There have been big promises about tree-planting numbers over the last few years - but is there much point in planting more trees, if we're not looking after the ones we've already got? The Woodland Trust estimates that only 7% of the UK's native woodlands are in good ecological condition - with pests, diseases, climate change and development all threats to tree health. Meanwhile a report from Botanic Gardens Conservation International says that a third of the world's trees are at risk of extinction.
In this programme, Peter Gibbs finds out what's ailing our trees, and asks what can be done to nurse them back to health. He talks to scientists, campaigners and the government's Chief Plant Health Officer, and finds out about a project where researchers are on the hunt for trees with natural resistance to ash dieback, which may be able to re-populate the ash woodlands of the future. He also visits a 'research forest' in the Midlands, where scientists are piping extra carbon dioxide at some of their trees, to find out what the impact of rising CO2 levels is likely to be for trees in years to come.
Produced by Emma Campbell
All Aboard the Sir David Attenborough
The public wanted to name her Boaty McBoatface, but in the end she got a slightly more stately name. The UK's newest polar research vessel, the RRS Sir David Attenborough, has just set out on her maiden voyage to Antarctica, where she'll enable scientists to research climate change and its impacts on the polar regions.
Following a hundred years of polar exploration, this ship will write the next chapter in UK polar science.
In this episode, ocean physicist Helen Czerski gets aboard to poke around the new ship, and meets the crew members and scientists who will be taking her to the ends of the earth in search of the answers to some of the most pressing questions of our time. She finds out how the ship has been designed specially to encourage collaboration and bring together scientists from different fields. And she tries out the bunks and learns what life at sea will be like.
Find out why krill can fight climate change, how you cook at sea in a storm and what the massive hole in the middle of the ship is for!
Producer: Heather Simons
Canoeing the Cam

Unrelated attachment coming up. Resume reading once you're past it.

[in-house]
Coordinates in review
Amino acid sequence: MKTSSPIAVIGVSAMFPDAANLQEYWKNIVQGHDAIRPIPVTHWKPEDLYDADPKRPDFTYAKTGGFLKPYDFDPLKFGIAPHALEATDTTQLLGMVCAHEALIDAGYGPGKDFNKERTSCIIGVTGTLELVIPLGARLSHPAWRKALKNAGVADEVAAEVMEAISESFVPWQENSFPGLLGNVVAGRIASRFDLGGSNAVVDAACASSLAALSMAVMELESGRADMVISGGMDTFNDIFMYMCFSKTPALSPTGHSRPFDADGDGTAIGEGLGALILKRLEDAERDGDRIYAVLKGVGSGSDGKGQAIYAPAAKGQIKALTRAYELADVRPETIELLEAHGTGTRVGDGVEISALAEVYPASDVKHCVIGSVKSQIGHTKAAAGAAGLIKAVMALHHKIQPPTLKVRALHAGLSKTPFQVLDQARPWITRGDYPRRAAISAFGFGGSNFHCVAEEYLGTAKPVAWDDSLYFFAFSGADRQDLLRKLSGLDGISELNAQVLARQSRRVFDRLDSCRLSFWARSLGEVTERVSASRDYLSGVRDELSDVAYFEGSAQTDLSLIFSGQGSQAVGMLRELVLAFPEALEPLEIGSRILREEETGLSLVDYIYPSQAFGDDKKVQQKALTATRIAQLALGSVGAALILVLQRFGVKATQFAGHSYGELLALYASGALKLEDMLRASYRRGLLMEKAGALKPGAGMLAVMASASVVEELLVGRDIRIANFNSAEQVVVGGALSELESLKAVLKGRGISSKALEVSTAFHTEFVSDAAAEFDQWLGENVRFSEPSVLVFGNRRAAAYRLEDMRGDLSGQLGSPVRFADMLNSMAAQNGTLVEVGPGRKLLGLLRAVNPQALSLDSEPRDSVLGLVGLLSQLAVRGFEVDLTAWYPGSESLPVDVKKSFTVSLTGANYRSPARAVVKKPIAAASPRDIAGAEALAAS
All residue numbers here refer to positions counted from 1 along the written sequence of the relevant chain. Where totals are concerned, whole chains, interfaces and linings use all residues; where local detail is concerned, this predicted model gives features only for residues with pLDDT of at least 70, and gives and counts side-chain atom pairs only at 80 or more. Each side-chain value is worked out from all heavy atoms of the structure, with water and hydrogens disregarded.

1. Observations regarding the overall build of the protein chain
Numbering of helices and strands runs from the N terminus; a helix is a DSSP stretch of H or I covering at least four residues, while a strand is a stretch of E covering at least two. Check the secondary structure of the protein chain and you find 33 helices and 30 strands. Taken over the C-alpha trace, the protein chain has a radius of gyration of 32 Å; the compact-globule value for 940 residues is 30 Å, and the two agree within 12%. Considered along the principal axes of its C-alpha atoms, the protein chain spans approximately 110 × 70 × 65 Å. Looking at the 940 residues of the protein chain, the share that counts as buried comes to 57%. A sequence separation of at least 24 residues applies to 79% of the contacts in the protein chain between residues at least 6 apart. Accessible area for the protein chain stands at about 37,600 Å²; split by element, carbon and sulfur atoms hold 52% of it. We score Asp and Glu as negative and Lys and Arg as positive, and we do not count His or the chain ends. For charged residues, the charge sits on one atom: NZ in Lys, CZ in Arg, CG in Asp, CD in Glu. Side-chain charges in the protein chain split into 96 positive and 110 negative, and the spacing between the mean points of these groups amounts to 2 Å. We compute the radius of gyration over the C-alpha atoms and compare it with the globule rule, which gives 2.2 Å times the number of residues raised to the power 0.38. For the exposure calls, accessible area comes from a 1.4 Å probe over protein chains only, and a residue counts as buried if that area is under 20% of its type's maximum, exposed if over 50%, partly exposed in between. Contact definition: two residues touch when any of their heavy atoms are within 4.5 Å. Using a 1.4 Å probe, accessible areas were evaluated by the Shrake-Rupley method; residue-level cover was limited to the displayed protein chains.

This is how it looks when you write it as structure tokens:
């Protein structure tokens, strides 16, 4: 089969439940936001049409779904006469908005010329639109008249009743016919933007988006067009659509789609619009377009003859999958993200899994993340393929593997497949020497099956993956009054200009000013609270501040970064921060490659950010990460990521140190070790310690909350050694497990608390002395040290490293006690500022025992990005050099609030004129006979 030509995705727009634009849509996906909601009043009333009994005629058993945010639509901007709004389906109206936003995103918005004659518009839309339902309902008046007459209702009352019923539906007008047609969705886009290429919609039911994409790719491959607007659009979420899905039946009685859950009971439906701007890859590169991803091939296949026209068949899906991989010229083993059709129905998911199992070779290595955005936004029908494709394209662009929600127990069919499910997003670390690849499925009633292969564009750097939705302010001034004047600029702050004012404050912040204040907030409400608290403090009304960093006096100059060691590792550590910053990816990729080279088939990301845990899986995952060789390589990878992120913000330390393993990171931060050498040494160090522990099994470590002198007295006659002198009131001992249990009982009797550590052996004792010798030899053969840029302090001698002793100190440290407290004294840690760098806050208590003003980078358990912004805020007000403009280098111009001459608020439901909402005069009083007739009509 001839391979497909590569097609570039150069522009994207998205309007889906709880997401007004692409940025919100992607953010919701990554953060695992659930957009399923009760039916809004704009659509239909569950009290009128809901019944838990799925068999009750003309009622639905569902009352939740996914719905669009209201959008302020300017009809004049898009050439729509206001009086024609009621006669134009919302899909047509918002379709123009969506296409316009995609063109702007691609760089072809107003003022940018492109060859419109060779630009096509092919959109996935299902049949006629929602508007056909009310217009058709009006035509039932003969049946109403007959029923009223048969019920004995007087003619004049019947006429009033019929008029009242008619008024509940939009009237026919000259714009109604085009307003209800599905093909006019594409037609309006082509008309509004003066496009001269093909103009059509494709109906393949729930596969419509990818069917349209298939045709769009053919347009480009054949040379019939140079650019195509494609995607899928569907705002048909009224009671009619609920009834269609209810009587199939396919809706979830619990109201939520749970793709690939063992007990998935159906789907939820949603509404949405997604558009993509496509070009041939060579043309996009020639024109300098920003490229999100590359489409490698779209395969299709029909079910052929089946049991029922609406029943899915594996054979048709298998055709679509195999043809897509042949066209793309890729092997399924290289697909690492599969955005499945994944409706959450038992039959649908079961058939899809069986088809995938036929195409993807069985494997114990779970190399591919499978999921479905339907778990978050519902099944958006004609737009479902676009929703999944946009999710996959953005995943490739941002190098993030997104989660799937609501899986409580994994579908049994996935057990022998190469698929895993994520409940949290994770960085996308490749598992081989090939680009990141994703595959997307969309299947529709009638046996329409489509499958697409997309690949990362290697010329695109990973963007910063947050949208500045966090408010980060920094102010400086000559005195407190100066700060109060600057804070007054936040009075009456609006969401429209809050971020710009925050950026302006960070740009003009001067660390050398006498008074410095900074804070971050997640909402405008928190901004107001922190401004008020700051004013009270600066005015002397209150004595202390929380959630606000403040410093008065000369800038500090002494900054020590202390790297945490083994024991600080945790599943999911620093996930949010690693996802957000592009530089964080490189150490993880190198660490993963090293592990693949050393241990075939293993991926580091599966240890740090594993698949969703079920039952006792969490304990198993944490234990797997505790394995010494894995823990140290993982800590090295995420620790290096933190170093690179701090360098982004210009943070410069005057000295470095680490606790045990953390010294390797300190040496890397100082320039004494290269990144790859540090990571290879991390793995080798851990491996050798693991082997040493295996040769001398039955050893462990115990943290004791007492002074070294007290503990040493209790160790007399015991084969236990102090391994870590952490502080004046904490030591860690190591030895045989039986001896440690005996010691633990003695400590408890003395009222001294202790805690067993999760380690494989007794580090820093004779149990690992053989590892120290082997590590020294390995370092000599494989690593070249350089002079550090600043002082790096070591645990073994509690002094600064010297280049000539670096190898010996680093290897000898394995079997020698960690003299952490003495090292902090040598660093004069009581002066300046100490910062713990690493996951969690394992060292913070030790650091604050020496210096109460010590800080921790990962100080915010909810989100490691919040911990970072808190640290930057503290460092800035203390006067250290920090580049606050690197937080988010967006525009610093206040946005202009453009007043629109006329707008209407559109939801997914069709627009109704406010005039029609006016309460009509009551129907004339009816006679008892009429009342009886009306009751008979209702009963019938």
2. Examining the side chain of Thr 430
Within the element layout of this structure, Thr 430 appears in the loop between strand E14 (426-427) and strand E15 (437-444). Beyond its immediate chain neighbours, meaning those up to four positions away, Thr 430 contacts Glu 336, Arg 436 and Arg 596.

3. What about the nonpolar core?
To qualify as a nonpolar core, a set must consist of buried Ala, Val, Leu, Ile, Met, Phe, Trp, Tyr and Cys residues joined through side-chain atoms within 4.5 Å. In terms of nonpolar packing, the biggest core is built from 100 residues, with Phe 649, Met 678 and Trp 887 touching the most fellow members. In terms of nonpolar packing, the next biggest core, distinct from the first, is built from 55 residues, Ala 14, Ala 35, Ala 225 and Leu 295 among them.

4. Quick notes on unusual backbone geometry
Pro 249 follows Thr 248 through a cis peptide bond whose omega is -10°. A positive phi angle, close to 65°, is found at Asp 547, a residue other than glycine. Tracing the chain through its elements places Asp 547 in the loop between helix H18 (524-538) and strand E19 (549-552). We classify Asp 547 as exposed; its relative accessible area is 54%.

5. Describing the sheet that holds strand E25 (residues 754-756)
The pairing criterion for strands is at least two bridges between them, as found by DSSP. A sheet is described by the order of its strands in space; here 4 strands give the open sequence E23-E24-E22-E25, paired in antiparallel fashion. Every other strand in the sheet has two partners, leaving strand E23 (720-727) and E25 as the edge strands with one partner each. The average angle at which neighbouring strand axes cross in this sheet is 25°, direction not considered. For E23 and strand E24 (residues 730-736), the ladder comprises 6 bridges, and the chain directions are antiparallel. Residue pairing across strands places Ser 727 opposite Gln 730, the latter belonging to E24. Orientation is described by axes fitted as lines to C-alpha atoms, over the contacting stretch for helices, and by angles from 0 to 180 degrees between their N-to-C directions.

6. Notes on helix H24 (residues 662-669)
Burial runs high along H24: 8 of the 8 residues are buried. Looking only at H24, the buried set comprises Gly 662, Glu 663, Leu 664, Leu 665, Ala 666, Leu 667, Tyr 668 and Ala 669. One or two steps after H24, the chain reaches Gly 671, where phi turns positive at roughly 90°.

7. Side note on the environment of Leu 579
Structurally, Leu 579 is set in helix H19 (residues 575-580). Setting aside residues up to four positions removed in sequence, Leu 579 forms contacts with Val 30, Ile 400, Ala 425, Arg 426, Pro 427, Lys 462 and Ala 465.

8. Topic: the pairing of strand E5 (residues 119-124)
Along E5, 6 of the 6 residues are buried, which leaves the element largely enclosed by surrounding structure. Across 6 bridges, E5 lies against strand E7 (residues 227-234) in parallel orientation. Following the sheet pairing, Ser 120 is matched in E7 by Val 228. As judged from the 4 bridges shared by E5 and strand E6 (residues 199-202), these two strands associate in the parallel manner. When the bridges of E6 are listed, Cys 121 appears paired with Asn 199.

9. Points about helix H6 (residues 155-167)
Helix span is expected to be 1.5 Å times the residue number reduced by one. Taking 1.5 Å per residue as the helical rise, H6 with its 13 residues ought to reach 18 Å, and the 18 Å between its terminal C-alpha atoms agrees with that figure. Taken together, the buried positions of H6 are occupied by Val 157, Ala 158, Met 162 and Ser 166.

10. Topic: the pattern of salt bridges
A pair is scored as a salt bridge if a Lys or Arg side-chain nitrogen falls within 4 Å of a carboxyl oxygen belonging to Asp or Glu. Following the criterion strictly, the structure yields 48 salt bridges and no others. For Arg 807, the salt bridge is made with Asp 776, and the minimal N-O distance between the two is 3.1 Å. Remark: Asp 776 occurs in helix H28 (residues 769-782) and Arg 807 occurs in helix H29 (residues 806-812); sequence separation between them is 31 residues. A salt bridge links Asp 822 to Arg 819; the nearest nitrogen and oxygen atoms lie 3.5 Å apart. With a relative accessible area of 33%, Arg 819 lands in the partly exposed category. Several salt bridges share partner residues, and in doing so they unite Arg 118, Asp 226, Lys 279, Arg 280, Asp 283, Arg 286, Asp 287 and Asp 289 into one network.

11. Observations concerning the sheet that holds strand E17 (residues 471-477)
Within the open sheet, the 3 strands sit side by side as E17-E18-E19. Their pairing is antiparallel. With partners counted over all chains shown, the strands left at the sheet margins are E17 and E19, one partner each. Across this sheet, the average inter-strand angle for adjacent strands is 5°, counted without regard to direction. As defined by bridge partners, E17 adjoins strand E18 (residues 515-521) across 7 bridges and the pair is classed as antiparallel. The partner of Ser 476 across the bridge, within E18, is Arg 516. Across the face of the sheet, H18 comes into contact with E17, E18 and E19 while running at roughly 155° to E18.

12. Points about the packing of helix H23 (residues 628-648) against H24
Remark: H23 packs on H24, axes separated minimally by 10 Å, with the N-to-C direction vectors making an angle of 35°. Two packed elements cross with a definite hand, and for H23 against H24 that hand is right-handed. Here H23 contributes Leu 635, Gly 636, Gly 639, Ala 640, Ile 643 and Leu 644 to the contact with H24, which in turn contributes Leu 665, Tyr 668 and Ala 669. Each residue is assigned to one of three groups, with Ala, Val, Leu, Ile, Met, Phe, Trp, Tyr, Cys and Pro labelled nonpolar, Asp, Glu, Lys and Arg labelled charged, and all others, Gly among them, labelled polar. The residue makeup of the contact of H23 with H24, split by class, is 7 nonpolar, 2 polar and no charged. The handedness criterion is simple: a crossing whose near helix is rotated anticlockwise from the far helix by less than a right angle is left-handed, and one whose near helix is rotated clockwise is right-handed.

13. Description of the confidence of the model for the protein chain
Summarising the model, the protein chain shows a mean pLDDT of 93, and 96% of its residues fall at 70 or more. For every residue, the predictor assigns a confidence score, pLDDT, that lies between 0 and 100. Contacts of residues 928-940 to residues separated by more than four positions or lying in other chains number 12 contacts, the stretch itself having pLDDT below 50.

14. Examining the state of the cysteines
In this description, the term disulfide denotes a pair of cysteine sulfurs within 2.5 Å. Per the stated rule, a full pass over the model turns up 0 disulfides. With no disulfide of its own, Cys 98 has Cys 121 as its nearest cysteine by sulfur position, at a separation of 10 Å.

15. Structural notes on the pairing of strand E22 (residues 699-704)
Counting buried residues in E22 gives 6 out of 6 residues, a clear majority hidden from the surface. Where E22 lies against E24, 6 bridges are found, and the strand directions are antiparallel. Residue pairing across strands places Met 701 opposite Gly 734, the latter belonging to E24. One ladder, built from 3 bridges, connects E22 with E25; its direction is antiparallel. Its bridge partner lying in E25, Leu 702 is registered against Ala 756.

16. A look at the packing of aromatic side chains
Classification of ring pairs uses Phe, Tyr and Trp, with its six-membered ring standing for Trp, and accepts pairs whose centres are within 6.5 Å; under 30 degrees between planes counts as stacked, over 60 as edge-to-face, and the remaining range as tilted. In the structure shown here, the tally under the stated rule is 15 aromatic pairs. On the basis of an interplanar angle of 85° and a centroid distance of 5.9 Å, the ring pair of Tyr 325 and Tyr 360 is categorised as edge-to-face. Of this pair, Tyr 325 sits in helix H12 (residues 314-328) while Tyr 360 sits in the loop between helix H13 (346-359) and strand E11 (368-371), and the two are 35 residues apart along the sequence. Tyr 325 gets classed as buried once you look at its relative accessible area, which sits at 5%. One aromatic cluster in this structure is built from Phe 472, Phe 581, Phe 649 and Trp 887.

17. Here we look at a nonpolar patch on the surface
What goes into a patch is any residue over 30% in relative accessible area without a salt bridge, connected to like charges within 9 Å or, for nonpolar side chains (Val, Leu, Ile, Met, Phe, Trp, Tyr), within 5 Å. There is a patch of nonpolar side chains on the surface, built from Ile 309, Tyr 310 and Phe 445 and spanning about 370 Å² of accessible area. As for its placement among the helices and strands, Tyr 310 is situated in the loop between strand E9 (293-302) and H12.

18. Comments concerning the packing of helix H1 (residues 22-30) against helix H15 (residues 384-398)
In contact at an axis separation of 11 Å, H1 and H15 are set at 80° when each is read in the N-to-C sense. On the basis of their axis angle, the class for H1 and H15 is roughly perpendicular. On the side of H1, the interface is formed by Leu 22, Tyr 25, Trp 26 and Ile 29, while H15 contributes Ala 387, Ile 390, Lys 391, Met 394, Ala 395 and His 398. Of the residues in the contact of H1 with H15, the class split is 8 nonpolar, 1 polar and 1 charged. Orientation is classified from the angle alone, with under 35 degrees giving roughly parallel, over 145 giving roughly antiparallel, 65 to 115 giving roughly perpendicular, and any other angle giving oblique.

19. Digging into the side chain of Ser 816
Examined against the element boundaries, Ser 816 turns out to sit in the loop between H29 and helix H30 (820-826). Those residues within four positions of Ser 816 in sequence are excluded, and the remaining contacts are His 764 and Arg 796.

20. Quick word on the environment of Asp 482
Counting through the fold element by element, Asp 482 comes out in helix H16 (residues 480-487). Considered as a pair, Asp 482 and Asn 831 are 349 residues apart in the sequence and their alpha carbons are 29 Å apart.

Britain's rivers are in crisis, with only 14% of them deemed to be in a good ecological state. Chalk streams are particularly vulnerable, as so much is taken out of them for use in our water supplies. Pollution from sewage and agricultural run-off only add to the problem. In this programme Tom Heap takes a canoe trip along a waterway he knows well, the River Cam, to see for himself what's going on. He talks to environmental groups and local people, and asks whether the rapid expansion of homes and businesses in the area can sustainably continue in such a water-stressed region. He concludes that urgent action is needed if rivers like the Cam are not to run dry.
Producer: Emma Campbell
How green is my golf course?
Golf courses do not have a good reputation when it comes to the environment. Keeping the greens and fairways looking immaculate usually means using pesticide, fungicide and fertiliser - as well as large amounts of water. Wildlife such as pecking birds and digging moles, which can damage the pristine playing surfaces, are seen as a nuisance. But attitudes are starting to change in the golfing world. In this programme, Sybil Ruscoe finds out about efforts which are being made to make golf more environmentally-friendly. She visits a golf course in Bedfordshire, where the greenkeeper puts up bird boxes and encourages areas of wildflowers. During her visit, she meets a conservation advisor from the Royal Society for the Protection of Birds, whose job focusses specifically on golf courses - part of a new partnership set up last year between the RSPB and the world of golf. She talks to the sport's governing body and the golf greenkeepers association, to ask whether the game is doing enough to change its ways. She also hears from a geographer who argues that the game of golf is fundamentally environmentally unacceptable in a time of climate emergency. It all leaves Sybil, a golfer herself, wondering 'how green is my golf course?'
Producer: Emma Campbell
My Toxic Cocktail
We are all surrounded by synthetic chemicals in our everyday lives - from pesticide residues in food to chemicals used in the manufacture of household products - but most of us are not aware that they also make their way into our bodies. In this programme, environmental journalist Anna Turns investigates her own 'chemical body burden' - the amount of persistent, synthetic pollutants that have accumulated inside her system. A blood test shows her that traces of pesticides which were banned before she was even born can still be detected in her body. Analysis of the contents of her vacuum cleaner reveals that chemicals used to make furniture and electrical goods more fire-resistant are there too. Anna goes around her house, room by room, identifying the key sources of chemicals, and asking how they've travelled from the carpets and cleaning products into her own body. She talks to chemists and environmental scientists and asks what the threat to human health may be, and whether it matters that we now all carry around our own toxic cocktail.
Produced by Emma Campbell